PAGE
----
You and your partner are engineers at a newly established consulting firm: the Alternative Transportation Research and Advisory Centre (ALTRAC). The organisation has been set up to advise governments around the world on alternative solutions for transporting freight and people. You have been asked to brief ALTRACs senior managers on the potential of using capsule pipelines for freight transportation. With your partner, use the information in the Essential Facts about capsule pipelines to prepare and give a 10-minute presentation about the technology. You should take it in turns to talk. Your presentation should be split into four main parts: 1 Describe the functions and applications of the technology 2 Explain how the technology works 3 Emphasise the advantages of the technology, compared with road and rail networks 4 Discuss the disadvantages of the technology. Some of the managers attending your briefing are not technical experts. Therefore, where necessary, you should simplify and illustrate your technical explanations using everyday language and examples. In your talk, the following language from Unit 1 of the book may be useful.

Describing technical functions and applications (pages 6 and 7)

used to (do), used for (doing), a use, useful, enable ... to, allow ... to, ensure that, prevent ... from

Explaining how technology works (pages 8 and 9)

power, propel, propulsion, transport

Emphasising technical advantages (pages 10 and 11)

conventional, efficient, enhanced, eliminate, reduce, completely, totally, entirely, significantly, considerably, highly, extremely, dramatically, exceptionally

Simplifying and illustrating technical explanations (pages 12 and 13)

basically, effectively, essentially, put simply, in simple terms, in other words, if you imagine, if you picture To illustrate your explanations, you may wish to use the following examples:

l l

a peashooter (a children's toy where a short tube is used to fire a pea by blowing down the tube) a water pipe (used to supply water to a tap water flows along it) a cola can (cylindrical and hollow, like a capsule)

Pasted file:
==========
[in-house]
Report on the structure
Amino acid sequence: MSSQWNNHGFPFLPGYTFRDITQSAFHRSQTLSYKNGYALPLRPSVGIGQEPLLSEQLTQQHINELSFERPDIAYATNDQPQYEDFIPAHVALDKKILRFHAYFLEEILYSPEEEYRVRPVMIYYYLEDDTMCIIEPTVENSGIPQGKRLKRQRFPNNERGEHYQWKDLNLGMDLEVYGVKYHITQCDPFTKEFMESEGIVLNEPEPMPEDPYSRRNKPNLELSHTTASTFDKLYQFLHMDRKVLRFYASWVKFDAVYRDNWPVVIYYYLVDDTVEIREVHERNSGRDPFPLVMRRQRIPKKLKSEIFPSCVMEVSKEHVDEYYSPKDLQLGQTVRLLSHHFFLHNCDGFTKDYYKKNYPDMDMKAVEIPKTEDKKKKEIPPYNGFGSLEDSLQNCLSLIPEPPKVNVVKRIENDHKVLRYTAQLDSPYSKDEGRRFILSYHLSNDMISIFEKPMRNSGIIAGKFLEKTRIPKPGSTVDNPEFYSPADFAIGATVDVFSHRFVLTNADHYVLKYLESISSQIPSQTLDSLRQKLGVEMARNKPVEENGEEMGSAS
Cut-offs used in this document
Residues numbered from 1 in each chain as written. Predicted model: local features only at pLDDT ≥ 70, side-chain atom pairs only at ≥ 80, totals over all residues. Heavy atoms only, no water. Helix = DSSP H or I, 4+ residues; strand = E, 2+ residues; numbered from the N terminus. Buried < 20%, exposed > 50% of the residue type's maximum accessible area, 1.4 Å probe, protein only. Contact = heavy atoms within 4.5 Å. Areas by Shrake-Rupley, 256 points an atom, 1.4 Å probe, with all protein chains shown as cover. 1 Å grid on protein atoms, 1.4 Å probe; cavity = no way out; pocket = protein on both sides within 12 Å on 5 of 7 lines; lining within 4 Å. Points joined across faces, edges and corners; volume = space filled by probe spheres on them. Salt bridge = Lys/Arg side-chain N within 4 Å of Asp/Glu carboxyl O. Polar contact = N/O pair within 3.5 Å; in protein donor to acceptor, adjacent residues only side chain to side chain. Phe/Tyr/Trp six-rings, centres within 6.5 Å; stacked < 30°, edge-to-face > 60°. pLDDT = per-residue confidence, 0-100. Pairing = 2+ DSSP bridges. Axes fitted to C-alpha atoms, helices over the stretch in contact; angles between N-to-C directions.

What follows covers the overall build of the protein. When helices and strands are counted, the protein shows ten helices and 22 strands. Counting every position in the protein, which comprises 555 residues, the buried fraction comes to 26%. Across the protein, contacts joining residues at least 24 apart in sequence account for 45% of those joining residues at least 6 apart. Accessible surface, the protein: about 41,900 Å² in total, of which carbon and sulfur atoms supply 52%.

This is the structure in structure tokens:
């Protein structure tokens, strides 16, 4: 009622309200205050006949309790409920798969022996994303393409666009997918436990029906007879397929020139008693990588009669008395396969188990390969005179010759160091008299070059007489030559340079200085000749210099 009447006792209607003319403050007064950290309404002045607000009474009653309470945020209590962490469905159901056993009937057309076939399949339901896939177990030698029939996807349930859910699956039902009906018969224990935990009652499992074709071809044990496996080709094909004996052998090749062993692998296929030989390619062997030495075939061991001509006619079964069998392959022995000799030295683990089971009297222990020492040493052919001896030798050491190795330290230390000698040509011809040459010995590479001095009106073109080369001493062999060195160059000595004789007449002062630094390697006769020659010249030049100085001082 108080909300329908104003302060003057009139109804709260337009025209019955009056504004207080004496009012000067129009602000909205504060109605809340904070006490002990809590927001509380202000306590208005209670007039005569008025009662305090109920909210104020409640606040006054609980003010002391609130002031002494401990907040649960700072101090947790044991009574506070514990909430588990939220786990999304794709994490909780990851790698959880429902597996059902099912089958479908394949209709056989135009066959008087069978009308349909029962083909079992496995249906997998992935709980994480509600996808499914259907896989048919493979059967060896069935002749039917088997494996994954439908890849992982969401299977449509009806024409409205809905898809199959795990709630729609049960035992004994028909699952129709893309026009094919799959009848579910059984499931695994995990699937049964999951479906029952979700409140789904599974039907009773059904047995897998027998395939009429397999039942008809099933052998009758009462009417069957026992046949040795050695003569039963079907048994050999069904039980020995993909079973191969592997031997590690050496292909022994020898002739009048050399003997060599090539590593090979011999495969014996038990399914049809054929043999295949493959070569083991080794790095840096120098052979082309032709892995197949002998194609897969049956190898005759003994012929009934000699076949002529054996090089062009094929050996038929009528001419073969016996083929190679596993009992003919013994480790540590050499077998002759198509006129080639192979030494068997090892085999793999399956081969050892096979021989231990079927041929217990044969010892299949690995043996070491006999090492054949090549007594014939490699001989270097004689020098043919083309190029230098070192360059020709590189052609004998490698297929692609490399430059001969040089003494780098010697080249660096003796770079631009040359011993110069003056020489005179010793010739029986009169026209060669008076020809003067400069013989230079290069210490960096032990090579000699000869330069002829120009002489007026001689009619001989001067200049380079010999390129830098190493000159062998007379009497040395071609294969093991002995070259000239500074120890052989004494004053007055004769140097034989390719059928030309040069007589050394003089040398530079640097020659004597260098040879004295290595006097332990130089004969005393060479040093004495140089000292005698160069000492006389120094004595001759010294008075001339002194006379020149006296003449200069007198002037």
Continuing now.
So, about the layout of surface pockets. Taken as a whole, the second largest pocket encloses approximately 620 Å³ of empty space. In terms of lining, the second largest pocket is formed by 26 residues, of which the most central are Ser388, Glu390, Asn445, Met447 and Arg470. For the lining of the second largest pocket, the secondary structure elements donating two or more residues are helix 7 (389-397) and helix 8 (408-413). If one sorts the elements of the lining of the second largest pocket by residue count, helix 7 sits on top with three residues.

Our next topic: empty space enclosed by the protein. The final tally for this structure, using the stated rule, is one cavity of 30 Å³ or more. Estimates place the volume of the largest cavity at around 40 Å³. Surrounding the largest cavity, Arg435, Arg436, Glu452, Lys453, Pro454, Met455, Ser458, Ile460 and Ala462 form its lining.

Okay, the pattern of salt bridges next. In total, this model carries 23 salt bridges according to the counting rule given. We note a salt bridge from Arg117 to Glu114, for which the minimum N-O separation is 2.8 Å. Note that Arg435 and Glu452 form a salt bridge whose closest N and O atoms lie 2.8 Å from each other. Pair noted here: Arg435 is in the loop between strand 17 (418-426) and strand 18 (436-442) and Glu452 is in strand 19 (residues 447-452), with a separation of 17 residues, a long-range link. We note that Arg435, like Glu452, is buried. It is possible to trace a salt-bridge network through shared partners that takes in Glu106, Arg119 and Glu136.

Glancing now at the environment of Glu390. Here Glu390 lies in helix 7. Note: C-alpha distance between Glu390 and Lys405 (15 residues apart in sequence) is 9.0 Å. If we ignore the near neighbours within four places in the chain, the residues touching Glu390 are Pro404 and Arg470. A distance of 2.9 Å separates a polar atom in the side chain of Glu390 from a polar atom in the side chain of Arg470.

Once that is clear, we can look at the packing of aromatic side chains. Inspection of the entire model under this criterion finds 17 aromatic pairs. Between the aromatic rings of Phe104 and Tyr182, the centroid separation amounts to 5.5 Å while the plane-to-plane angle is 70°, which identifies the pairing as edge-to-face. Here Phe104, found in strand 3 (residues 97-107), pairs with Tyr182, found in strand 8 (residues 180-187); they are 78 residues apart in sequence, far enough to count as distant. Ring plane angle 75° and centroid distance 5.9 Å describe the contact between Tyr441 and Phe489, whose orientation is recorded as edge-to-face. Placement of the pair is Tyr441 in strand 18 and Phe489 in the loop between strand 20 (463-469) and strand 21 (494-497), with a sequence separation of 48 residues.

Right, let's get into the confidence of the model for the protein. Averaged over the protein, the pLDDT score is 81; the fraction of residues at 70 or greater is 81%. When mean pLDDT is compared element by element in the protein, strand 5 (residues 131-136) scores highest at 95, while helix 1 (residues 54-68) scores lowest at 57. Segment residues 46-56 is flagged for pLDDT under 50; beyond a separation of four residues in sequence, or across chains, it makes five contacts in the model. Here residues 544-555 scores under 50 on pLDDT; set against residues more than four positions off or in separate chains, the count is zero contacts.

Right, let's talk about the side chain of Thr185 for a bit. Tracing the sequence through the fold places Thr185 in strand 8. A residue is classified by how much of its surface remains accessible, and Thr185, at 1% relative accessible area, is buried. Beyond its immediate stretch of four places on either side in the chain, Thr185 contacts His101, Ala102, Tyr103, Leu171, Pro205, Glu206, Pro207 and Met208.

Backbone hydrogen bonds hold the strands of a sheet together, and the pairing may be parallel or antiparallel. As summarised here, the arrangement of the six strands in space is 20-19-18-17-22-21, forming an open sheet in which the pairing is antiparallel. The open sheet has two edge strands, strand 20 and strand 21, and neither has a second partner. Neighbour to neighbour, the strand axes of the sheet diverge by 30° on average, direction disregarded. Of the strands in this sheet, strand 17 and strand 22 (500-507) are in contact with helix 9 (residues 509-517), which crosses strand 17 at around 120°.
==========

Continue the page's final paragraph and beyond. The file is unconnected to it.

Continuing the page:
Cambridge English for Engineering Cambridge University Press 2008


UNIT 1 Case study: Capsule pipelines

Unit 1 Case study: Capsule pipelines

Before you begin Ask students what is meant by capsule and pipeline and then ask what they think is meant by a capsule pipeline and what such a system might me used for. Students read the text about capsule pipelines and, in pairs, briefly sum up the following points.
l l l

their function their applications how they work

You could look at the following terms. hollow = opposite of solid pneumatic = describes applications using air / compressed air, for example pneumatic tyres and pneumatic drills which are driven by compressed air supplied by a compressor hydraulic = refers to applications using liquids often the term hydraulics is used to describe high-pressure oil circuits, used to push pistons, called hydraulic rams, which power machines such as excavators friction = resistance caused by two surfaces rubbing against each other pumped = driven by a pump watertight = does not let water pass immersed = inside a liquid flow = movement of a liquid or liquid-like material diameter = the width of a circle at its widest point R&D = research and development weight vs. volume cut-and-cover = used for laying pipes or building tunnels close to the surface earth is dug out [cut], then the pipes are laid / the tunnel is built, before being covered with earth again tunnelling = cutting a tunnel underground using a tunnelling machine Students work in pairs to prepare their talk, discussing what they will say and making notes. Allow 15 to 20 minutes preparation time. Students then give their talks to the group.

Extension activity: capsule pipeline applications

Ask students to assess the potential applications of capsule pipelines in their own country or region. Where could a capsule pipeline be used, and what for? How feasible would this be, in terms of the cost of construction and the potential longterm benefits?

Answer key (page 1) 1 T 2 F 3 T 4 F 5 T 6 F 7 F

Cambridge English for Engineering Cambridge University Press 2008